Many women find themselves in caregiving roles and face additional financial and emotional strain

  • On average, caregivers report spending over half of their day caring for their loved ones (which may include preparing meals, providing transportation, coordinating medical appointments, managing finances, etc.).
  • More than a fourth (27%) of caregivers say their personal finances have been impacted because of caregiving and almost half (48%) agree that caregiving responsibilities have put them in a difficult or financially precarious position before (or currently).
  • At the same time, 6-in-10 caregivers (61%) agree that caregiving responsibilities have prompted them to become better at building and adjusting a financial strategy.
  • A third (31%) of employed caregivers report that they often must take off work to care for their loved ones – those who took time off work in the past year to tend to caregiving responsibilities report taking eight days off on average.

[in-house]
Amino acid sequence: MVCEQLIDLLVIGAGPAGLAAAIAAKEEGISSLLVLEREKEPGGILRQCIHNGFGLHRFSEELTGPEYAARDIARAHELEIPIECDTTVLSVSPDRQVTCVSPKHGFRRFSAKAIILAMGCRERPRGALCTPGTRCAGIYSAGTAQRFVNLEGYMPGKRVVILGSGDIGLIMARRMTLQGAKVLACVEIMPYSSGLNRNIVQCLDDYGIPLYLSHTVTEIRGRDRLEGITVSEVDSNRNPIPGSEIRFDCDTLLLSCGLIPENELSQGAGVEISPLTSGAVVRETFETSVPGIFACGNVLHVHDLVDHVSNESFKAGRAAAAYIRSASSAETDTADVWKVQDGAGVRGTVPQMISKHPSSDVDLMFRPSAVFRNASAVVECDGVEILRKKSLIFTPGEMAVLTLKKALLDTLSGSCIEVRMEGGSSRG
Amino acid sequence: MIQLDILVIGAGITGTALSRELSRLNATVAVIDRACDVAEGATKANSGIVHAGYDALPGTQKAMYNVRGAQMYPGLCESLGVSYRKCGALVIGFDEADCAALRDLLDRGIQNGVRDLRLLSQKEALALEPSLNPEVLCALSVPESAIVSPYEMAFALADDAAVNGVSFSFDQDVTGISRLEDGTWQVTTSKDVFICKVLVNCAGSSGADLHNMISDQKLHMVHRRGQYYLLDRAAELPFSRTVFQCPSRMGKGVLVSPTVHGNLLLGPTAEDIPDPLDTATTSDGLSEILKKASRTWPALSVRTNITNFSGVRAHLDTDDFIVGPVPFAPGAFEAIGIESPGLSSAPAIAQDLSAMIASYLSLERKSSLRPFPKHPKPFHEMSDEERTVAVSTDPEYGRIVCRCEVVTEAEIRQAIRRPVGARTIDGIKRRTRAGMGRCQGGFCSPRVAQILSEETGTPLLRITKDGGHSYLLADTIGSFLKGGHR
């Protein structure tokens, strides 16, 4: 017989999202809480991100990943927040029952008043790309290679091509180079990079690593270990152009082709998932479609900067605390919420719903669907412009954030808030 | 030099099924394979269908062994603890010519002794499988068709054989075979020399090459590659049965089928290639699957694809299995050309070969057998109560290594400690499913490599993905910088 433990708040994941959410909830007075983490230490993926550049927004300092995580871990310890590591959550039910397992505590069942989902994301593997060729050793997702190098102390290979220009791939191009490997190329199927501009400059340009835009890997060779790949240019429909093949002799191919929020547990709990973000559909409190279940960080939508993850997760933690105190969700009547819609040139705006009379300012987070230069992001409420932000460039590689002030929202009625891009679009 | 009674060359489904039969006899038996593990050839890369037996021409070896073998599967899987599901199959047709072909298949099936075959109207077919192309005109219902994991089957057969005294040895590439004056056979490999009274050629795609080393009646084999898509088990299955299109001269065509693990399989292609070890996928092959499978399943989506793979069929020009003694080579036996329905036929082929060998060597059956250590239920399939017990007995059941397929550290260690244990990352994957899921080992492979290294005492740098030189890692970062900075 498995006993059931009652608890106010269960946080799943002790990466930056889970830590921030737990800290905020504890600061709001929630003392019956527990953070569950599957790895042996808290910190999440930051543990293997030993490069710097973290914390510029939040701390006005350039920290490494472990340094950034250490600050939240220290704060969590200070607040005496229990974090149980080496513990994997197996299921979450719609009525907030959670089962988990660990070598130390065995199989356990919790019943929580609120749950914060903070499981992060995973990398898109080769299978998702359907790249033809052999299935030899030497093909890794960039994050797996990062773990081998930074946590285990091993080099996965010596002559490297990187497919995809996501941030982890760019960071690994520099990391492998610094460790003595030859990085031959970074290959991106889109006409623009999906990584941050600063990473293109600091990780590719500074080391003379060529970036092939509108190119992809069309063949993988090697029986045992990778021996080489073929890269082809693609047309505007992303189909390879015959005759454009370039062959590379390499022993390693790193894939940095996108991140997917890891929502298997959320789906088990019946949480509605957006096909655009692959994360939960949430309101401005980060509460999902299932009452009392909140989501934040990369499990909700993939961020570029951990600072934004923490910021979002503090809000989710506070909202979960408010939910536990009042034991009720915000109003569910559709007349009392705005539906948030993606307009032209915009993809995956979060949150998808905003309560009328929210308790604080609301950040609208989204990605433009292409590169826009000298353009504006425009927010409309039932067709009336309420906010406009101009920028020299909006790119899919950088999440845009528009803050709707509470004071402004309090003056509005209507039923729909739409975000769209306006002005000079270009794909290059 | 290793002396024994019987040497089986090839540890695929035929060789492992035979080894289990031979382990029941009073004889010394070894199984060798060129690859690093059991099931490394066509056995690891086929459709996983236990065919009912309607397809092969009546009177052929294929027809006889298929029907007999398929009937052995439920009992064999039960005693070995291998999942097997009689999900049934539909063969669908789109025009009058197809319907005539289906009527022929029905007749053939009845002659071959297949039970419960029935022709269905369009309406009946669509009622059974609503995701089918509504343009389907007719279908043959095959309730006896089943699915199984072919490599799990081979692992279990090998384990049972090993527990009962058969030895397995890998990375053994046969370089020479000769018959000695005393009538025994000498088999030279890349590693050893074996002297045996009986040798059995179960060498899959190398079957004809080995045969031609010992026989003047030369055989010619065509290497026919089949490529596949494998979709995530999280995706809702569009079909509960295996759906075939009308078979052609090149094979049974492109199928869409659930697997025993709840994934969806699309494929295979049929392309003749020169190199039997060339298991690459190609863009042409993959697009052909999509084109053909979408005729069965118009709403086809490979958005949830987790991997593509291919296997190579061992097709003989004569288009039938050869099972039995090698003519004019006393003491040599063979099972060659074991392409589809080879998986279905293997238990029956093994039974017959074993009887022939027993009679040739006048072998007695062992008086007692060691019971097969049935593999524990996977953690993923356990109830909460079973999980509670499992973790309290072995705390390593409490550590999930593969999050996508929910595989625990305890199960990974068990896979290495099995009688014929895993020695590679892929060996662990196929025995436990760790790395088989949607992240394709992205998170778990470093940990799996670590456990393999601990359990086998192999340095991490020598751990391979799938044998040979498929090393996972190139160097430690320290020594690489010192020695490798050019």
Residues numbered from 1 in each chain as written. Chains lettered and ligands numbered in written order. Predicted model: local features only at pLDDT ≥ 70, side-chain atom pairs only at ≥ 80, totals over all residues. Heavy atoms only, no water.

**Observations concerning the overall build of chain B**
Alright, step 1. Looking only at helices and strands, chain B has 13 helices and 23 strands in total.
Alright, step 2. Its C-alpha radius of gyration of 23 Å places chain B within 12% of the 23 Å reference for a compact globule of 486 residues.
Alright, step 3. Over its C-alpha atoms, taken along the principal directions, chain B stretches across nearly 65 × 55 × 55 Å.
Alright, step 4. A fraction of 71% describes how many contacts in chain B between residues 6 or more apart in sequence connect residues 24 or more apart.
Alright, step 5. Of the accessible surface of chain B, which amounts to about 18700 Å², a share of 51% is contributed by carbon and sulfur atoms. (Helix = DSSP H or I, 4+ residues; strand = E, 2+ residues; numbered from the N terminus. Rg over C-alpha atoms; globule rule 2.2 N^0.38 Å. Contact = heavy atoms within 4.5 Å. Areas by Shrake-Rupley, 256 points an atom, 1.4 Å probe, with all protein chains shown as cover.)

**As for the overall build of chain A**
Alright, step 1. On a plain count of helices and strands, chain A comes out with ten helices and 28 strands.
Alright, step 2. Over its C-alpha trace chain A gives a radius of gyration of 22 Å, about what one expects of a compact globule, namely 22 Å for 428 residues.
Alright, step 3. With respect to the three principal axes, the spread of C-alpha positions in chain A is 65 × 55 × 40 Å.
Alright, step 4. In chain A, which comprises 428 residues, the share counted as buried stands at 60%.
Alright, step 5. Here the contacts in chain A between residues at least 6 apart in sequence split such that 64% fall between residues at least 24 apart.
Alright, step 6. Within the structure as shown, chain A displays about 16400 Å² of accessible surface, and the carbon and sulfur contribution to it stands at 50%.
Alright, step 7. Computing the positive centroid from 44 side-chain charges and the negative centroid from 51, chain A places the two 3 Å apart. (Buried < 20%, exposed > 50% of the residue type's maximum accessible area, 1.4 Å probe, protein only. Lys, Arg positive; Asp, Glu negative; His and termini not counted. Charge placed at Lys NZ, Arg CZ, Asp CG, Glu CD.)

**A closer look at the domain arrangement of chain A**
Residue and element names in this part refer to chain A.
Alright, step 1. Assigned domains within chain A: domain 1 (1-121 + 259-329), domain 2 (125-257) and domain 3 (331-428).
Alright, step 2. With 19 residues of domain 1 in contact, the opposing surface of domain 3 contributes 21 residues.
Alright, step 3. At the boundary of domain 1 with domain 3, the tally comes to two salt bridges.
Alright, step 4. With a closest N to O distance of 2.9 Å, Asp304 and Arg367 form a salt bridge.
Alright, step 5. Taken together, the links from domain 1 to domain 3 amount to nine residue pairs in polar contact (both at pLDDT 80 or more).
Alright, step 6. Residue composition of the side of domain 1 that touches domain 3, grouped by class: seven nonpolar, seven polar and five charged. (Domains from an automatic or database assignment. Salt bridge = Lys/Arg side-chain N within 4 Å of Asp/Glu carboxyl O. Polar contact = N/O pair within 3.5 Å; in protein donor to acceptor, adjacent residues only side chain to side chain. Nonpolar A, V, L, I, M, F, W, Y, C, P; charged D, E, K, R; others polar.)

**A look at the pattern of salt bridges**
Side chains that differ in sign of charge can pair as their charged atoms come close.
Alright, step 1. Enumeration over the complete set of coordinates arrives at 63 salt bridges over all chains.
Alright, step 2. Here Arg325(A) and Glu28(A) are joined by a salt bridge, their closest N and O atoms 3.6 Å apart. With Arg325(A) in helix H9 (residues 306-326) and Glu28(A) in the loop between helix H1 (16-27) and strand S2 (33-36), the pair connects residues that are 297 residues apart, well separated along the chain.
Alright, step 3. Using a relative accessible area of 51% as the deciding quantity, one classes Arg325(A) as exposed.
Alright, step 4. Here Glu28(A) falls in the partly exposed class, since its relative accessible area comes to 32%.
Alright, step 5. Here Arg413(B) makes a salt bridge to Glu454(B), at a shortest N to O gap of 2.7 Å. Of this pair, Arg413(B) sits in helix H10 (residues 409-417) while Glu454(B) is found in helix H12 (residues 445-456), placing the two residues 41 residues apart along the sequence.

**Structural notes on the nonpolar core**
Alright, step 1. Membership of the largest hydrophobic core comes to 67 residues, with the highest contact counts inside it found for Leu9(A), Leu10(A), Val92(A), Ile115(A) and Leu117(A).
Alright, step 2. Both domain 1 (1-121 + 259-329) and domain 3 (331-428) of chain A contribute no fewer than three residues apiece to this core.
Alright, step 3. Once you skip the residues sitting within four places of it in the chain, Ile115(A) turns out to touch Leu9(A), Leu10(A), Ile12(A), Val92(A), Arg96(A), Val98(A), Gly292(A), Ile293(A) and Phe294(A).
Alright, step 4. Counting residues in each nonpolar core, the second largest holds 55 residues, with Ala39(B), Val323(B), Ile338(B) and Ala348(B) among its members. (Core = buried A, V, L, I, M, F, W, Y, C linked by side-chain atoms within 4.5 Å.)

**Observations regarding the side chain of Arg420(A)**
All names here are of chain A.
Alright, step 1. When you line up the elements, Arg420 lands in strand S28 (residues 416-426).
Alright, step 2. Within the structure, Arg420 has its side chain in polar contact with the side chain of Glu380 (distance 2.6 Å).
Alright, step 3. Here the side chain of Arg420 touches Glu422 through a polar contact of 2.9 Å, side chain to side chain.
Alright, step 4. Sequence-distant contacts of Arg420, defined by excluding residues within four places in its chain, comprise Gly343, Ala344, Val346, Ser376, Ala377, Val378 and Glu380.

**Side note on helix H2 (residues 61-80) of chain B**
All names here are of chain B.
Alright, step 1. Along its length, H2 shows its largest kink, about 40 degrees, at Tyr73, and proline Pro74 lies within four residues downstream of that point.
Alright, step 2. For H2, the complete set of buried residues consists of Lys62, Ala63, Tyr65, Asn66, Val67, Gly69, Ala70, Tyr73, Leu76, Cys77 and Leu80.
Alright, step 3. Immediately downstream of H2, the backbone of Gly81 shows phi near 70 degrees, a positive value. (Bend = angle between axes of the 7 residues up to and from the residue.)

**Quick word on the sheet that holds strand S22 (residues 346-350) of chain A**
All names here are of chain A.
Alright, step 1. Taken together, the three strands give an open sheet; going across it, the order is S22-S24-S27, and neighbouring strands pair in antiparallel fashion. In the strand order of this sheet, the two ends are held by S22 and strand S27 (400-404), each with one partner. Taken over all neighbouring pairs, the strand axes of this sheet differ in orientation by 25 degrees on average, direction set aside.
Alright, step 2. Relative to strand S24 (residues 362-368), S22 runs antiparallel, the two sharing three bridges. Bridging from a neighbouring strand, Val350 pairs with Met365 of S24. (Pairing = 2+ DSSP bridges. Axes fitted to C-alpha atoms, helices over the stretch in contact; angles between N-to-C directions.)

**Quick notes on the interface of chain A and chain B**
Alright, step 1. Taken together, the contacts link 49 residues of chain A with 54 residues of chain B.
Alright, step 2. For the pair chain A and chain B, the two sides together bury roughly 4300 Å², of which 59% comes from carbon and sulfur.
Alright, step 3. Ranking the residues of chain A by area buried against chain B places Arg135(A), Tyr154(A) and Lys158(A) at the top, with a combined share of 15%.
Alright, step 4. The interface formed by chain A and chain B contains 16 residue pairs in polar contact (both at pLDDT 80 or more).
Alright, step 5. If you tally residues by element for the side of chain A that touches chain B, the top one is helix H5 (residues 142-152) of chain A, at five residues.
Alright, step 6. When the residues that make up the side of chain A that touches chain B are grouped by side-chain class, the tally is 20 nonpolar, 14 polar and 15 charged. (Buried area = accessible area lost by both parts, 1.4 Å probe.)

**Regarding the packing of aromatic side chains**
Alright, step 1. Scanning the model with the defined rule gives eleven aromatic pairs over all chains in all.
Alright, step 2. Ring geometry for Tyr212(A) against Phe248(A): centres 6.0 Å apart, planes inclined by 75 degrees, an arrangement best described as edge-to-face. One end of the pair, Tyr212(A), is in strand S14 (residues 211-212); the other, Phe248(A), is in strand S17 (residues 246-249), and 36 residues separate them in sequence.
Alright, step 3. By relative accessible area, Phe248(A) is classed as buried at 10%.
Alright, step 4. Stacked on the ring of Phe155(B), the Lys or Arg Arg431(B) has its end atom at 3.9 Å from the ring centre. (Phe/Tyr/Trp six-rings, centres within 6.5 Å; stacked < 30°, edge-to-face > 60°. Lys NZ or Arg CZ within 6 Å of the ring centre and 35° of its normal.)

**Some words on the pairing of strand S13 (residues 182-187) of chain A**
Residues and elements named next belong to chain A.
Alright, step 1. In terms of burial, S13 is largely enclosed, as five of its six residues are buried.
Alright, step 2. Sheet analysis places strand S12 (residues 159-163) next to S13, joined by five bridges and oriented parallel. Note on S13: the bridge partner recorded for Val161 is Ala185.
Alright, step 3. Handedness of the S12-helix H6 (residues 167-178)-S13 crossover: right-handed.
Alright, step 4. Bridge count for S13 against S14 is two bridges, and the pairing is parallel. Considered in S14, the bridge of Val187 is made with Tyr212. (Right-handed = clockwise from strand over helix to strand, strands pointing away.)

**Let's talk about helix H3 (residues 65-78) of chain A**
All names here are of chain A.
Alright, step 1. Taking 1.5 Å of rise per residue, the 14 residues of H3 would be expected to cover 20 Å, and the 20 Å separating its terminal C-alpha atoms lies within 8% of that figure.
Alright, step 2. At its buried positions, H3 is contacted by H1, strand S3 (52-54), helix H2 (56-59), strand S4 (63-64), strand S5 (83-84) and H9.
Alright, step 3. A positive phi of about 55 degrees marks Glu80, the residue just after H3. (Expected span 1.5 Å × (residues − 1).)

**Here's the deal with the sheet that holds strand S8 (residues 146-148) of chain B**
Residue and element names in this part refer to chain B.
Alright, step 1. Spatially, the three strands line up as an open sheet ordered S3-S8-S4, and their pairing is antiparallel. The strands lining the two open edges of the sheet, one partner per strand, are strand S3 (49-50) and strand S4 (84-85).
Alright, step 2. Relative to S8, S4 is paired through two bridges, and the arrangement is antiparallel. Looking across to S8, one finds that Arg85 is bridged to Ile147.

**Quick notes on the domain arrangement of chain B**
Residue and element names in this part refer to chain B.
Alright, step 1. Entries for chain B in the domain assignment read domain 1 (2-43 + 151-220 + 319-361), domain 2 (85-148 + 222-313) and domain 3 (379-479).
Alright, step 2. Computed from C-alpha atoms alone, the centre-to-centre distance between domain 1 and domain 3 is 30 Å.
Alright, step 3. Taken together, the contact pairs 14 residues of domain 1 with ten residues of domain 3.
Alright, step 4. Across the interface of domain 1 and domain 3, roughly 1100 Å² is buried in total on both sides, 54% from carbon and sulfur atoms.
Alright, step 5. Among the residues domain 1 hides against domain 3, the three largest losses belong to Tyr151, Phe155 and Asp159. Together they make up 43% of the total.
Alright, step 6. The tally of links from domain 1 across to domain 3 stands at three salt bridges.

• With employed caregivers reporting an average yearly household income of $84,271.10, this results in an average of $2,593 in lost pay this past year.

“Caregivers, and especially Sandwich Generation caregivers, who find themselves caring for young children and aging loved ones simultaneously, face unique challenges that can significantly impact their financial security along with their personal and professional ambitions,” said Ruggles. “Caregivers report spending over half of their day caring for a loved one. For those balancing careers, personal responsibilities, and caring for young children, it makes sense why women report stress as the leading feeling towards managing their household finances. At the same time, over 6-in-10 caregivers say that caregiving responsibilities have prompted them to become better at building and adjusting a financial strategy. Those learnings from lived experience can work in tandem with support from improved workplace benefits and access to financial guidance to help caregivers both manage financial challenges and find more secure financial footing for themselves and their families.”